NFL facing class-action lawsuit over 'Sunday Ticket' that could cost league billions of dollars

A class-action lawsuit that has been making its way through the court system for nearly 10 years is finally seeing the light of day in a court room and it’s a case that could cost the NFL more than $21 billion. 

The case, which was originally filed in 2015, revolves around “Sunday Ticket” and whether the NFL violated any antitrust laws by offering that package to consumers. Starting in 1994, the NFL began offering “Sunday Ticket” as an option for out-of-market fans who wanted to watch their home team. For instance, a Steelers fan living in Seattle wouldn’t have had many options to watch Pittsburgh play prior to 1994, but with the inception of “Sunday Ticket,” that fan had a way to watch every Steelers game. 

The argument from the plaintiffs is pretty simple: They think the NFL worked together with its network partners to inflate the price of “Sunday Ticket.” The attorney for the plaintiffs, Amanda Bonn, said that the price for “Sunday Ticket” is unaffordable for most people. 

“NFL, Fox, CBS and DirecTV agreed to make an expensive toll road that very few people would be able to afford,” Bonn said in her opening statement, via the Associated Press. “Every single competitor in this scheme benefited.”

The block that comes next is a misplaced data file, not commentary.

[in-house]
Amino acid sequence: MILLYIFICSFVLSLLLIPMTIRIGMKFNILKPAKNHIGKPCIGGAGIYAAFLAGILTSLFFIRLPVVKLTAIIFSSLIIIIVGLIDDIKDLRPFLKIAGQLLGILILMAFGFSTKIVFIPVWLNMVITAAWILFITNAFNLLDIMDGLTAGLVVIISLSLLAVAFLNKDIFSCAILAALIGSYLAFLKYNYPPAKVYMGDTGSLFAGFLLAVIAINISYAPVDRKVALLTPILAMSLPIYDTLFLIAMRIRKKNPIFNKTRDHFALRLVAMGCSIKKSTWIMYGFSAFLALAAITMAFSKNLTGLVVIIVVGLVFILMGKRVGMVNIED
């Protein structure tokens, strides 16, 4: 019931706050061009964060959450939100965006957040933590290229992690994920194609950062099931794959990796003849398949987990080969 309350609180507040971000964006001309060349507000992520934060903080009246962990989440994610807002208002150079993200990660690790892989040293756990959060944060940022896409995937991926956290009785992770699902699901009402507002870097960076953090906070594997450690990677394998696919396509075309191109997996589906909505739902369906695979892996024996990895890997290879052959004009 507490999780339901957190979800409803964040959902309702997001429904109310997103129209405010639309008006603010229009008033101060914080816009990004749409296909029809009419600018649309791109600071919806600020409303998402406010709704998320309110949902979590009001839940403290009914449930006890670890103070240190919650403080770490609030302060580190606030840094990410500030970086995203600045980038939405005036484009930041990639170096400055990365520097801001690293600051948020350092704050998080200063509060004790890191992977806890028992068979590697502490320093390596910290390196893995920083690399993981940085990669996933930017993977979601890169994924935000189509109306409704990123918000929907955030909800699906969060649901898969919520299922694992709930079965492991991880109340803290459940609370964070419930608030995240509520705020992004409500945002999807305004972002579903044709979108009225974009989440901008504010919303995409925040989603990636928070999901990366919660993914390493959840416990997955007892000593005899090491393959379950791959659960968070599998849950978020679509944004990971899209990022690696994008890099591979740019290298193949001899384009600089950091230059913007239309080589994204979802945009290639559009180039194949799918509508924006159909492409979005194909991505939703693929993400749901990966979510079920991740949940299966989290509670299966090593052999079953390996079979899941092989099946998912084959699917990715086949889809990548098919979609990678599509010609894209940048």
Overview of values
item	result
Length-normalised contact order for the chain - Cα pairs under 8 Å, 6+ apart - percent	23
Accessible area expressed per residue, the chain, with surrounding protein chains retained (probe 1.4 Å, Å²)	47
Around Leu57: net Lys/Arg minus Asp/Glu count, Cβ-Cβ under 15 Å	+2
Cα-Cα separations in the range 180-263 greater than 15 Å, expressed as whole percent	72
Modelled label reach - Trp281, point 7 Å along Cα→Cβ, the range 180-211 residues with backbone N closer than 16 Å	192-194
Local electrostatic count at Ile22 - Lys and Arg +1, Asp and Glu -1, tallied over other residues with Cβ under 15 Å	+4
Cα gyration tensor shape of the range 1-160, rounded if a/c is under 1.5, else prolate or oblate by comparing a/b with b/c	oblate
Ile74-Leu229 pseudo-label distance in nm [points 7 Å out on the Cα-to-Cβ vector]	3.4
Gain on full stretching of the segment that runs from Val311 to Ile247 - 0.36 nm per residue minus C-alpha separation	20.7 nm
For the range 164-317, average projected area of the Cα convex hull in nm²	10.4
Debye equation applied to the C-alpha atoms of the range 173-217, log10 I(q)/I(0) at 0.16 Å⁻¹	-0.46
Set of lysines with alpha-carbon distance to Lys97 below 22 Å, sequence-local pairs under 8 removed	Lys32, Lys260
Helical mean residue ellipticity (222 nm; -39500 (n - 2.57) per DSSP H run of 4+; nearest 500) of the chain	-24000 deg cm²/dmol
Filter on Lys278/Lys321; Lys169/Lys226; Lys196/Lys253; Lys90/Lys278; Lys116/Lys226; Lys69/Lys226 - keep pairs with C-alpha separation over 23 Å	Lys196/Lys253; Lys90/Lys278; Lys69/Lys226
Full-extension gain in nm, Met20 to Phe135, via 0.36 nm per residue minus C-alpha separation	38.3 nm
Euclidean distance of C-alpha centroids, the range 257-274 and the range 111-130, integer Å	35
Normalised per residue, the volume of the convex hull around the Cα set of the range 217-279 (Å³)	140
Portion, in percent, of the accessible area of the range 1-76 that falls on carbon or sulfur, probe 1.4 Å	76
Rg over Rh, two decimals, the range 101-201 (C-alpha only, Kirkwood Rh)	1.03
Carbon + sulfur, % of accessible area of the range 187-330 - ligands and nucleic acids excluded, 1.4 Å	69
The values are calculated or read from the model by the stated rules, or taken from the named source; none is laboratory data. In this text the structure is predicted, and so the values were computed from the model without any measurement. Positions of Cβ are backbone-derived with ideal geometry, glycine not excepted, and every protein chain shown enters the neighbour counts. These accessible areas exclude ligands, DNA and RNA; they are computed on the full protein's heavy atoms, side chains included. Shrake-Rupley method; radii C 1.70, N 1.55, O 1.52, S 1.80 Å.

As for the NFL, the league’s attorney, Beth Wilkinson, made the argument that “Sunday Ticket” is expensive because it’s a premium offering. 

“The case is about choice. This is a valuable, premium product. Think about all the choices available to fans. We want as many people as possible to watch the free broadcasts,” Wilkinson said, via the AP. 

The NFL designed “Sunday Ticket” so that it wouldn’t take a huge chunk of TV ratings away from its network partners, according to former NFL executive Steve Bornstein, who testified on Thursday. 

“The NFL always wanted ‘Sunday Ticket’ to be an additional package. That is how it is was designed since its inception,” Bornstein said.

If the NFL were to lose this case, it could potentially be extremely costly. The plaintiffs are seeking $7.1 billion in damages, but since this is a federal antitrust case, the law calls for that number to be tripled, which means there’s potentially $21.3 billion on the line for the NFL. Overall, this is a case that covers every residential and commercial customer who subscribed to “Sunday Ticket” between 2012 and 2022, which puts the class-action number at nearly 2.5 million people, according to the AP. 

DirecTV had the “Sunday Ticket” Package from 1994 through 2022 before YouTube TV took over last season.  

When it comes to the court system, the NFL doesn’t usually let things get this far. However, the league did pay out $790 million to the city of St. Louis and several other entities after settling a case in 2021 that revolved around the relocation of the Rams. 

Source link

About The Author

Scroll to Top